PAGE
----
This is not so different from those who read in God’s Word that which seems to speak of genocide or of misogyny. An immediate revulsion arises and sometimes ends all communication. Even if it is not a revulsion, but instead the opportunity to hear in the Word the call to take up arms against enemies, many are only too eager to act on these undeveloped interpretations. God is held at arm’s length as the interpretation is substituted for true meaning. Also, people may tend to break off relations with other people, citing in the language a reason to feel suspicious and guarded.

 In an attempt to avert almost certain conflict, Louise and Ian quickly return to the shell before the day’s window for communication closes. They hope to discern the aliens’ true intentions and a better understanding of their recent dialogue. Unknown to the couple a few military members of the delegation that regularly enters the shell, having become increasingly paranoid regarding alien intentions, has left a bomb inside to detonate shortly. Upon entry, Louise and Ian speak with Abbott and Costello. Costello soon leaves Abbott to finish the conversation as the bomb silently counts down. Ultimately, Abbott “pushes” Louise and Ian from the large room just before the bomb detonates, sacrificing his life in order to render another vital piece of understanding.

 Here we have the crux of things—from our Christian perspective. The aliens were well aware of the bomb’s imminent detonation. Yet Abbott remained in order to communicate necessary information and form a critical link in the nascent union between the aliens and humankind, saving the lives of Ian and Louise in the process. Of course, virtually no imagination is necessary to draw links to the Christ story at this point. Jesus sacrificed his life with complete foreknowledge of all that was required and he did it in order to form a critical link in our ongoing relationship with God the Father.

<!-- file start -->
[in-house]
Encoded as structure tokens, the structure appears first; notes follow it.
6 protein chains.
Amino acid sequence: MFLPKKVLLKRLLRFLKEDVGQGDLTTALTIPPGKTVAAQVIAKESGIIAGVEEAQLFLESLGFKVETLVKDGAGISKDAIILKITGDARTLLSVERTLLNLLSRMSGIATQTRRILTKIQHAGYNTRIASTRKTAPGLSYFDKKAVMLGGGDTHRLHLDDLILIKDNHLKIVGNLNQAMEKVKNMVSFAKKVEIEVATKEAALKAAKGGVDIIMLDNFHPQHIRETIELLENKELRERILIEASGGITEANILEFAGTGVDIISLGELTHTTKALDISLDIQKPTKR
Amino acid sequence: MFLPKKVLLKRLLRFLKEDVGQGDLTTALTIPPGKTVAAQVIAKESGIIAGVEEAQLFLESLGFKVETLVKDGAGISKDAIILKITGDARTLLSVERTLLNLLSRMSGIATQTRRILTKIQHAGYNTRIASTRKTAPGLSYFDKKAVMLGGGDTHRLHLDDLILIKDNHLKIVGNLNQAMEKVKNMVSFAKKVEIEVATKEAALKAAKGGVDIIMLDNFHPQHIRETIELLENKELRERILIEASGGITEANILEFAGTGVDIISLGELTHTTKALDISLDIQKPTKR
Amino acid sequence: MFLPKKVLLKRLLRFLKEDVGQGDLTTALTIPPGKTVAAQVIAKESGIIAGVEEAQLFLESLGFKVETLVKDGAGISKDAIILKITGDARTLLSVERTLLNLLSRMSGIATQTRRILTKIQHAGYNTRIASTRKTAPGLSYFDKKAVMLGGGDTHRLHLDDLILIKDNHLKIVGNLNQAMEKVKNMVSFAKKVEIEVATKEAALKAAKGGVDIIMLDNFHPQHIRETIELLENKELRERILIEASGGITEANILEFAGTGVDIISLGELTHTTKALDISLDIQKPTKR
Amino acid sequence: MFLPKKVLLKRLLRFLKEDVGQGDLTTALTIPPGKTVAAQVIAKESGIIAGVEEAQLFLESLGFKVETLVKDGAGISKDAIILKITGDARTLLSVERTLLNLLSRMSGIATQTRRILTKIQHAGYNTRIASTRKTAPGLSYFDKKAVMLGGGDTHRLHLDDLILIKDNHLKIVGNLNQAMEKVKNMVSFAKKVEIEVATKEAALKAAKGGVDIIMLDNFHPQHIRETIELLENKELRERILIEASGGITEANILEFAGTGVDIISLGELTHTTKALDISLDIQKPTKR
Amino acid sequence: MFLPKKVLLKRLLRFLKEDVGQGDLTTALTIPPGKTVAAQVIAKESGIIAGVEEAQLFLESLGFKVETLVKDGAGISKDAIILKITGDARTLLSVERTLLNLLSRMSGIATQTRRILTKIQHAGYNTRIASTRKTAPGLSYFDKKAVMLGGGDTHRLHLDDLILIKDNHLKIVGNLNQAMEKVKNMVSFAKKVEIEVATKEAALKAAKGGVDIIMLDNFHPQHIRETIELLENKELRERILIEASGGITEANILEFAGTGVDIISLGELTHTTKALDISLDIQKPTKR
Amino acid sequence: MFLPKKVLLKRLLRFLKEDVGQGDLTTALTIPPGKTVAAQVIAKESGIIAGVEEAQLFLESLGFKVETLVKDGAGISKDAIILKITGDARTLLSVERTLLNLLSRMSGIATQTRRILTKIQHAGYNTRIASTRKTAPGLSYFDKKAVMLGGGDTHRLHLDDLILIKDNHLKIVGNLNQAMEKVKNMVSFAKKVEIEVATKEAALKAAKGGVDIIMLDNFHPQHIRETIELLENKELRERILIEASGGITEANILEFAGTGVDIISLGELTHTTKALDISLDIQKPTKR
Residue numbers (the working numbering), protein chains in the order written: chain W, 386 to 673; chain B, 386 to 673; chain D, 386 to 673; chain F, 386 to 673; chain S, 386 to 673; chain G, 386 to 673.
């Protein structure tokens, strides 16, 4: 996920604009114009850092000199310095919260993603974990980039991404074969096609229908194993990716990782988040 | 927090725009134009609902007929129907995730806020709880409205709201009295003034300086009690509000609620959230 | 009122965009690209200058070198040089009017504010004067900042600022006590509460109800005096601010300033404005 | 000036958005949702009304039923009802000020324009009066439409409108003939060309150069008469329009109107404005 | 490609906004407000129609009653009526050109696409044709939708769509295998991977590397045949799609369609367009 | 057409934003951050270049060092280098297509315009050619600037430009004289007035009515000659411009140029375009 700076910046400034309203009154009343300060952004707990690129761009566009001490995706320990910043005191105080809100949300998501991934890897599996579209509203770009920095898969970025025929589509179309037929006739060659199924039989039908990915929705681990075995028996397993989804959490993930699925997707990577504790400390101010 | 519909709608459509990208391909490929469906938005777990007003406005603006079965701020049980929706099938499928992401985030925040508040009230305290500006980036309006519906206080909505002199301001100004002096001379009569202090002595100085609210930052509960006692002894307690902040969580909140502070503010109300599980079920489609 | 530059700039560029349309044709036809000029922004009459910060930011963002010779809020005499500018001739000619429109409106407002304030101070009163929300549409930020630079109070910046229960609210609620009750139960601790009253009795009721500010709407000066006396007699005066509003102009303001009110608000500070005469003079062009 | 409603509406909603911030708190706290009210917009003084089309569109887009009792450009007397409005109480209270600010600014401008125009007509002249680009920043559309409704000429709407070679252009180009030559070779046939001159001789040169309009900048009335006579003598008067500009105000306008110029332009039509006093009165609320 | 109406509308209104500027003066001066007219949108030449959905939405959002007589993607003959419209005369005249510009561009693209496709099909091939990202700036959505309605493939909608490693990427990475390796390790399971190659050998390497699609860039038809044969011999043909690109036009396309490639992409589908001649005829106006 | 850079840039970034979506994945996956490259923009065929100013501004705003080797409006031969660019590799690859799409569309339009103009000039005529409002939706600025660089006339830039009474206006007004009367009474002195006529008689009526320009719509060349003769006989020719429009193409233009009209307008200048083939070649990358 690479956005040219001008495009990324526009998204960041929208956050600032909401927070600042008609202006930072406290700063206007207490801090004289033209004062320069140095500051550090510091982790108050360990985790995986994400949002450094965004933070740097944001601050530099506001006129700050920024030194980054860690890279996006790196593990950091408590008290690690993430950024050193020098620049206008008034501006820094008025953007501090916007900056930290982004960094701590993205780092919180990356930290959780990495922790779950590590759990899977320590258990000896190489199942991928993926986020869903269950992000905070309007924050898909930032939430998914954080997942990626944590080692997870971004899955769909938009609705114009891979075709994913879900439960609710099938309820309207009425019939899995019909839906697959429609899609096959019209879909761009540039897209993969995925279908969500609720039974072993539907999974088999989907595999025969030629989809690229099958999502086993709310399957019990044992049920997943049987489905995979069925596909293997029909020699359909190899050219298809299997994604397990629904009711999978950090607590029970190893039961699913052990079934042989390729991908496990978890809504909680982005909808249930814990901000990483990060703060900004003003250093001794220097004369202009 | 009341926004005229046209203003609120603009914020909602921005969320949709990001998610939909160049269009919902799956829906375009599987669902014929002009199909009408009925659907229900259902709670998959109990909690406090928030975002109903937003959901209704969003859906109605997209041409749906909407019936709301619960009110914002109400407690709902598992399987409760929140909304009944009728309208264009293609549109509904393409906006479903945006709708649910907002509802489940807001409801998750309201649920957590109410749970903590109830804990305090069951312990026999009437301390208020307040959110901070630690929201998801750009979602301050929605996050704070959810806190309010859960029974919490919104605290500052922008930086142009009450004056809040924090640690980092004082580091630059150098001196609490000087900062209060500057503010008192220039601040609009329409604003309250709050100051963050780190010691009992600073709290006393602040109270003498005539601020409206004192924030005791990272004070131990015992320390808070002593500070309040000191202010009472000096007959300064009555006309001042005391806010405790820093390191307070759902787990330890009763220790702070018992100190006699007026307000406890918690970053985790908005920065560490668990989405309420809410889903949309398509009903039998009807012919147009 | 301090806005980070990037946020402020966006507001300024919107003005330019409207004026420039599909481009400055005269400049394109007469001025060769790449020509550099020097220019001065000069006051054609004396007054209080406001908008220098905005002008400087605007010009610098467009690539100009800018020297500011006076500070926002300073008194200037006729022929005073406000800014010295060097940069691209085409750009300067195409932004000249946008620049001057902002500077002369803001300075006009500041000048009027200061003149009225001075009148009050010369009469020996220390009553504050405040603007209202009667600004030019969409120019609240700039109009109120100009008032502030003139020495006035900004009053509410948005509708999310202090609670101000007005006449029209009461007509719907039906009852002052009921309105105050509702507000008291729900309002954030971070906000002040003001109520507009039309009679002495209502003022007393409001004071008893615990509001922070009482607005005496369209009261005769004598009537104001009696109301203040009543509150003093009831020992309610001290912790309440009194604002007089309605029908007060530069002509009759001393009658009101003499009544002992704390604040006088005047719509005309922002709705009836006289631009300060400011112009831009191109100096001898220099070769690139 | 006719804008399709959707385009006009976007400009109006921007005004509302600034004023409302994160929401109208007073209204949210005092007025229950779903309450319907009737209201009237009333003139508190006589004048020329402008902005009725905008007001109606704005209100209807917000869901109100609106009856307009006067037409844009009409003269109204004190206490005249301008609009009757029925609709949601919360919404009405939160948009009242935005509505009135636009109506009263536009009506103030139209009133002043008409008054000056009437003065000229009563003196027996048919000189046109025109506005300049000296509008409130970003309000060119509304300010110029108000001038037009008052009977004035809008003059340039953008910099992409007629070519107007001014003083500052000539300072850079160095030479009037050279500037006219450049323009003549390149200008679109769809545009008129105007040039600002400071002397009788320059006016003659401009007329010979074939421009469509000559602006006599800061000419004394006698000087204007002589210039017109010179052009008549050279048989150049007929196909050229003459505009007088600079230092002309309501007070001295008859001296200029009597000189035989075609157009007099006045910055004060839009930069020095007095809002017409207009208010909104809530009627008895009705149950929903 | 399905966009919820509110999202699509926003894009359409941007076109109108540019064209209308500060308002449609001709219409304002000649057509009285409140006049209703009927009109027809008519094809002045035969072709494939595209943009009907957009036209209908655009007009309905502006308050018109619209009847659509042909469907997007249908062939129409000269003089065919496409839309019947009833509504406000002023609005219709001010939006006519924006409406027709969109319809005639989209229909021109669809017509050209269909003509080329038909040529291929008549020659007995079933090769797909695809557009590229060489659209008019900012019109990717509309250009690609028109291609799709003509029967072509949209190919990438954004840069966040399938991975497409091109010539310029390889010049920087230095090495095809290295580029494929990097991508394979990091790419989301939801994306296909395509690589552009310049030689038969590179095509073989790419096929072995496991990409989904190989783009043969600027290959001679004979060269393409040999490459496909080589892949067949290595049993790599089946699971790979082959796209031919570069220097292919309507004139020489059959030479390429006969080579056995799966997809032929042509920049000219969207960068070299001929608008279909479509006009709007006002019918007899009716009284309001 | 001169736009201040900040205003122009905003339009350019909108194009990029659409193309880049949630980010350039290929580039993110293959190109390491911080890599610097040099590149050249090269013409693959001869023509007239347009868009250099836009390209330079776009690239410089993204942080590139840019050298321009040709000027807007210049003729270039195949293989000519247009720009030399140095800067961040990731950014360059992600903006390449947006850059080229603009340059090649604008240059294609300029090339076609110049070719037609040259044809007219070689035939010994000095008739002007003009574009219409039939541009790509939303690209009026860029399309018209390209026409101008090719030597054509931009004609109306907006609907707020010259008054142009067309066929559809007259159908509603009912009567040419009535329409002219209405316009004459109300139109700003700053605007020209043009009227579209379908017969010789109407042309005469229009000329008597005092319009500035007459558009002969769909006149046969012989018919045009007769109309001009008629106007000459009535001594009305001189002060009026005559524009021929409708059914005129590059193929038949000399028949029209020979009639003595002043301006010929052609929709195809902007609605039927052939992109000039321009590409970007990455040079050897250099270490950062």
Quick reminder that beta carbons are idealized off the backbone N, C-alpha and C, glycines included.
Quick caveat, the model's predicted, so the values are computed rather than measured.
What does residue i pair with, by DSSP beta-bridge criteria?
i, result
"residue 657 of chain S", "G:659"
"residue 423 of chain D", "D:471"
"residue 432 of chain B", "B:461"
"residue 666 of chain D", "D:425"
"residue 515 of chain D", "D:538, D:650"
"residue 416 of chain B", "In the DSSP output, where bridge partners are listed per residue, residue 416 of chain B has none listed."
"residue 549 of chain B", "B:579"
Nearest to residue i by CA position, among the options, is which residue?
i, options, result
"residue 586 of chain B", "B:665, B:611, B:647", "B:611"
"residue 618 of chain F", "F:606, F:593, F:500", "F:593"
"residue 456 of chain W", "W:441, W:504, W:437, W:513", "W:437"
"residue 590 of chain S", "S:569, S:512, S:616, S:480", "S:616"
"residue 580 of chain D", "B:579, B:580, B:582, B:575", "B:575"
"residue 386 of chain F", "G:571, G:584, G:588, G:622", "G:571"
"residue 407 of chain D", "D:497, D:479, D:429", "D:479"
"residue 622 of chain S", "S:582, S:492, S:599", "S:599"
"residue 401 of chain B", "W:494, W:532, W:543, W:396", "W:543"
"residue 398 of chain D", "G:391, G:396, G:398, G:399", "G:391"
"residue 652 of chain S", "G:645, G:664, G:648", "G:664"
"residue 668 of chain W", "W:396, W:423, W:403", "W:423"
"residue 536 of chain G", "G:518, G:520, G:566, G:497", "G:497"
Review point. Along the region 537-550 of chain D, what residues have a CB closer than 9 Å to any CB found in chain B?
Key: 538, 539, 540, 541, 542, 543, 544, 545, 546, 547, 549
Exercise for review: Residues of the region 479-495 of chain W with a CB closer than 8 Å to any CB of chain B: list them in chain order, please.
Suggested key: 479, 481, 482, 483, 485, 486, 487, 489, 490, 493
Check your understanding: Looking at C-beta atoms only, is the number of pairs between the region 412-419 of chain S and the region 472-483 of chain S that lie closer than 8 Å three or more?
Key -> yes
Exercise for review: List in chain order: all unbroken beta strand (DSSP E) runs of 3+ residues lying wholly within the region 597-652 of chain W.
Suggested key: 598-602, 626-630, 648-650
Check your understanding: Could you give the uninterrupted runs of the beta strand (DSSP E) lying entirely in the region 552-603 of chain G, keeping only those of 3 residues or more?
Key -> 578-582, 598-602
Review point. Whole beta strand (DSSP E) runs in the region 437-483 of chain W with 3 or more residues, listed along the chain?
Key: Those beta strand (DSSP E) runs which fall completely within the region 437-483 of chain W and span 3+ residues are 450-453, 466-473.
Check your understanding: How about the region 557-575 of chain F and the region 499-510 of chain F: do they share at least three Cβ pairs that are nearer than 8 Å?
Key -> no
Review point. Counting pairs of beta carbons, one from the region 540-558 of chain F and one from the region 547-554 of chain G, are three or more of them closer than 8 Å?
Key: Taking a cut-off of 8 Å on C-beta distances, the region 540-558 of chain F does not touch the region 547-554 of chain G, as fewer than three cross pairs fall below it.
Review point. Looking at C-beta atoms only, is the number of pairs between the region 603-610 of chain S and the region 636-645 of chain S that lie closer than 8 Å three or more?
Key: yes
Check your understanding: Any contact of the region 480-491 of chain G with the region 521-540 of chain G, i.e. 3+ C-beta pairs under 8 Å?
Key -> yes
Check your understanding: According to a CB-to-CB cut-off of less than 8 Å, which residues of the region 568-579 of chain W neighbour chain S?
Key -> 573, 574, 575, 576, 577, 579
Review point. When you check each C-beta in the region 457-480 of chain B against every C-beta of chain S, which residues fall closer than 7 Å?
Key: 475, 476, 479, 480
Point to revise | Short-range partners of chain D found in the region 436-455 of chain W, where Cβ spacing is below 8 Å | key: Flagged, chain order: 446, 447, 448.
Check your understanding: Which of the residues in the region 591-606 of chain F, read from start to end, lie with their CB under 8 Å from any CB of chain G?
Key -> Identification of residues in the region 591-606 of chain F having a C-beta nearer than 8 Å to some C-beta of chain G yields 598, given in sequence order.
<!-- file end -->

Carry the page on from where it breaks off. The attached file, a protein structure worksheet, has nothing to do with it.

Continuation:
After Louise and Ian are safely returned to the military installation, the aliens move their ship to a much higher point from the surface of the ground. A pod is sent to the surface specifically for Louise who is transported alone to the shell for the last time. Upon entering, she is in a similar setting to before, but where there is noticeably now no barrier between her and the aliens. She is immediately in the presence of an alien she has never seen but who is immensely larger and with seemingly more authority than either Abbott or Costello.

 Again, the meaning seems self-evident. No barrier existing between the aliens and Louise following Abbott’s death can be connected to the tearing of the veil after Christ’s death, symbolizing the removal of the barrier between people and God (Matt. 27:51). That she is now present with the largest and most authoritative of the three and speaks to him personally is a reminder of how Jesus told his disciples that they would soon speak to the Father personally, referring to their access to the Father after his death and resurrection (Jo. 16:26).

 When Louise asks what happened to Abbott after the explosion she is told he is in the “death process.” She seeks the help of the aliens to reestablish communication with other nations but she is informed that she has the weapon and she can use it because it “opens time.” Louise tells the alien she does not understand and even has a vision of the same little girl we have seen from the beginning and, to the audience’s amazement, asks, “Who is this child?” She is given no answer and the alien leaves.

Death process is a strange way of referring to the violent removal of such a central alien character. It also leaves the event in the present tense, which is odd to human, linear thinking. However, it is not unlike John’s language in his first letter regarding the blood of Christ cleansing our sin (1 Jo. 1:7), or of the Hebrew writer’s assertion that Jesus “always lives to make intercession” for us (Heb. 7:25).

After returning to the ground, Louise has a vision of herself meeting General Shang for the first time eighteen months in the future at a multi-national unity celebration. He tells Louise he actually came just to meet her and that when she called him eighteen months ago on his personal number and the specific words she said to him—both of which he gives to her in this vision—that is what made him rethink military engagement.